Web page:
Luckily, for the Isles franchise there is far more than the last two decades.
There is a dynasty and icons who shaped the franchise and Long Island long before the abyss from which we are only now stepping out. Faces like Charles Wang, Milbury and others do not belong on Mount Puckmore.
Mount Puckmore for the Islanders only has six or seven serious considerations. Of those, only four will make it. Thus of a true top five to six, one or two must be cut. What does this mean? Not everyone will be happy nor agree ... we've seen this with whinefests by fans of other teams.
So follow along as I put forward my take and rationale on the New York Islanders Mount Puckmore. I look forward to seeing alternative takes from Isles bloggers. (No, you can't put yourself on there, buddy).
Al Arbour, Coach
Honest Arbour: Al Arbour is a no-brainer. If this man is not on your Isles Puckmore list, please seek professional help.
He came on board in 1973, installing (GASP) a system. A year later they were in the playoffs with the miracle comeback versus the Penguins, coming back from 3-0 to take the series. They ruled the mid-to-late ‘70s, always in the mix, but had some playoff disappointments until finally they then took over for a dominating four in a row as Stanley Cup champs. When the Isles faltered without him in the mid-'80s, he came back in 1988, leading the team again with all the dynasty players long gone.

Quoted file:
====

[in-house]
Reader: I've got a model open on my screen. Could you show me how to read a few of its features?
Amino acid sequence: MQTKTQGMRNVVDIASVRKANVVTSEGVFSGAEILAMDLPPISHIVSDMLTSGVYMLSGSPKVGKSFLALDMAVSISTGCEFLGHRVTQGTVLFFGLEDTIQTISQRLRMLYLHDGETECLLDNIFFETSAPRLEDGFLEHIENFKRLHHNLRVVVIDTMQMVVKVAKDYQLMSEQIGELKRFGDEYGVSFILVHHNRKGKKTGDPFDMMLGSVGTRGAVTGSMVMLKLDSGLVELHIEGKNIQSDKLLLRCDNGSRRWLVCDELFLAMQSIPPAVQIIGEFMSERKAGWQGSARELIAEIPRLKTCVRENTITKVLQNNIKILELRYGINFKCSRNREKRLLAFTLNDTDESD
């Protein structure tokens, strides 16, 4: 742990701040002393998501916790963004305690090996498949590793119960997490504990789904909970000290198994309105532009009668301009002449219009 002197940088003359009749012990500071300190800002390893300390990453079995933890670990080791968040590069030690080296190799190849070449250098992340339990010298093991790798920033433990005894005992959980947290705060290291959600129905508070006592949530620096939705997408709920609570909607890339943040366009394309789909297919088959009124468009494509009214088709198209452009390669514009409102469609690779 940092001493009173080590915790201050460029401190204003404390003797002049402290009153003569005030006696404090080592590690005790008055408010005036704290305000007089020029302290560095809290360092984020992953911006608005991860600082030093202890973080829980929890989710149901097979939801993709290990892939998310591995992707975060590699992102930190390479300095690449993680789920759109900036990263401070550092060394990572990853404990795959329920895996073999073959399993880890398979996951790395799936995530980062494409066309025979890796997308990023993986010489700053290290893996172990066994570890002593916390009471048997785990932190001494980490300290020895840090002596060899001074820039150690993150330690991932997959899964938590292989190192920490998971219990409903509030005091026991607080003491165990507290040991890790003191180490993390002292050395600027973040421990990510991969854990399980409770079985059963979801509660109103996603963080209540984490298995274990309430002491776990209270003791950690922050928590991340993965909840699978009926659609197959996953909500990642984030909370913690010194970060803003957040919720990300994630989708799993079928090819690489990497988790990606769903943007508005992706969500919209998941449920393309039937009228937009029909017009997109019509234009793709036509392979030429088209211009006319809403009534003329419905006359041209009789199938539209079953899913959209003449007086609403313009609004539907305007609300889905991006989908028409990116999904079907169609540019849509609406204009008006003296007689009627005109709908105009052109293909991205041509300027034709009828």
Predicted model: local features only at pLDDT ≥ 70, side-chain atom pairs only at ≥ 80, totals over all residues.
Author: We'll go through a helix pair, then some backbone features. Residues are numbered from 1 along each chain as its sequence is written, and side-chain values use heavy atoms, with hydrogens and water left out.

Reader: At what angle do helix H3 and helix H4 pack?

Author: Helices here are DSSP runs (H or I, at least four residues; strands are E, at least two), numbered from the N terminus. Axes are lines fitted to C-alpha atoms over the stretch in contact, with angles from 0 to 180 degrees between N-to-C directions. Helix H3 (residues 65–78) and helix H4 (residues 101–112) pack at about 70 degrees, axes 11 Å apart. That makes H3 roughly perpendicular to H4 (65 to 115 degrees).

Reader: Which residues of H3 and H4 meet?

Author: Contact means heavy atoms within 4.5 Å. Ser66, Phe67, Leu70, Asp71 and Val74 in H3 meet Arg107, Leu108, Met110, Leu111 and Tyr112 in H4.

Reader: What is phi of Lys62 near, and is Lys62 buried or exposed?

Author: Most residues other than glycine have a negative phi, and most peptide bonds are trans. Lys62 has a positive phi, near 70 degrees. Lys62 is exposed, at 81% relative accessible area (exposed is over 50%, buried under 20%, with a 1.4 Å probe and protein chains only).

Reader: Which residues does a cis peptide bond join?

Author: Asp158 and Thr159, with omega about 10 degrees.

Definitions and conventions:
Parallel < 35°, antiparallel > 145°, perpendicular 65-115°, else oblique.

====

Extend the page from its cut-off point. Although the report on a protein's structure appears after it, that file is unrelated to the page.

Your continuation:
Still, he helped lead the young Isles into the playoffs in 1992-93 with the infamous upsets of the Capitals and then the Penguins. To me, there is no more important fixture to this franchise than coach Al Arbour.
Denis Potvin, D
The Leader, Denis Potvin: The man who crushed a bone who causes New York Ranger fans to still chant "Potvin Sucks" is music to any dynasty fans ears.
Our heel was a prolific point-getter who grew into the role of captain. A man who was compared to Bobby Orr, and under that pressure, still left an indelible mark on the game, was a fixture of leadership and a dynamic point-getter on defense. There are not many defenders better than him. On THN's "Top 100 of All-Time" list, he is with the handful at top with the likes of Orr, Harvey, Shore, Bourque, Coffey, etc.
Bill Torrey, GM
The Architect Torrey: Bill Torrey ranks as the one of the very few non-playing GMs in this league with a banner in the rafters.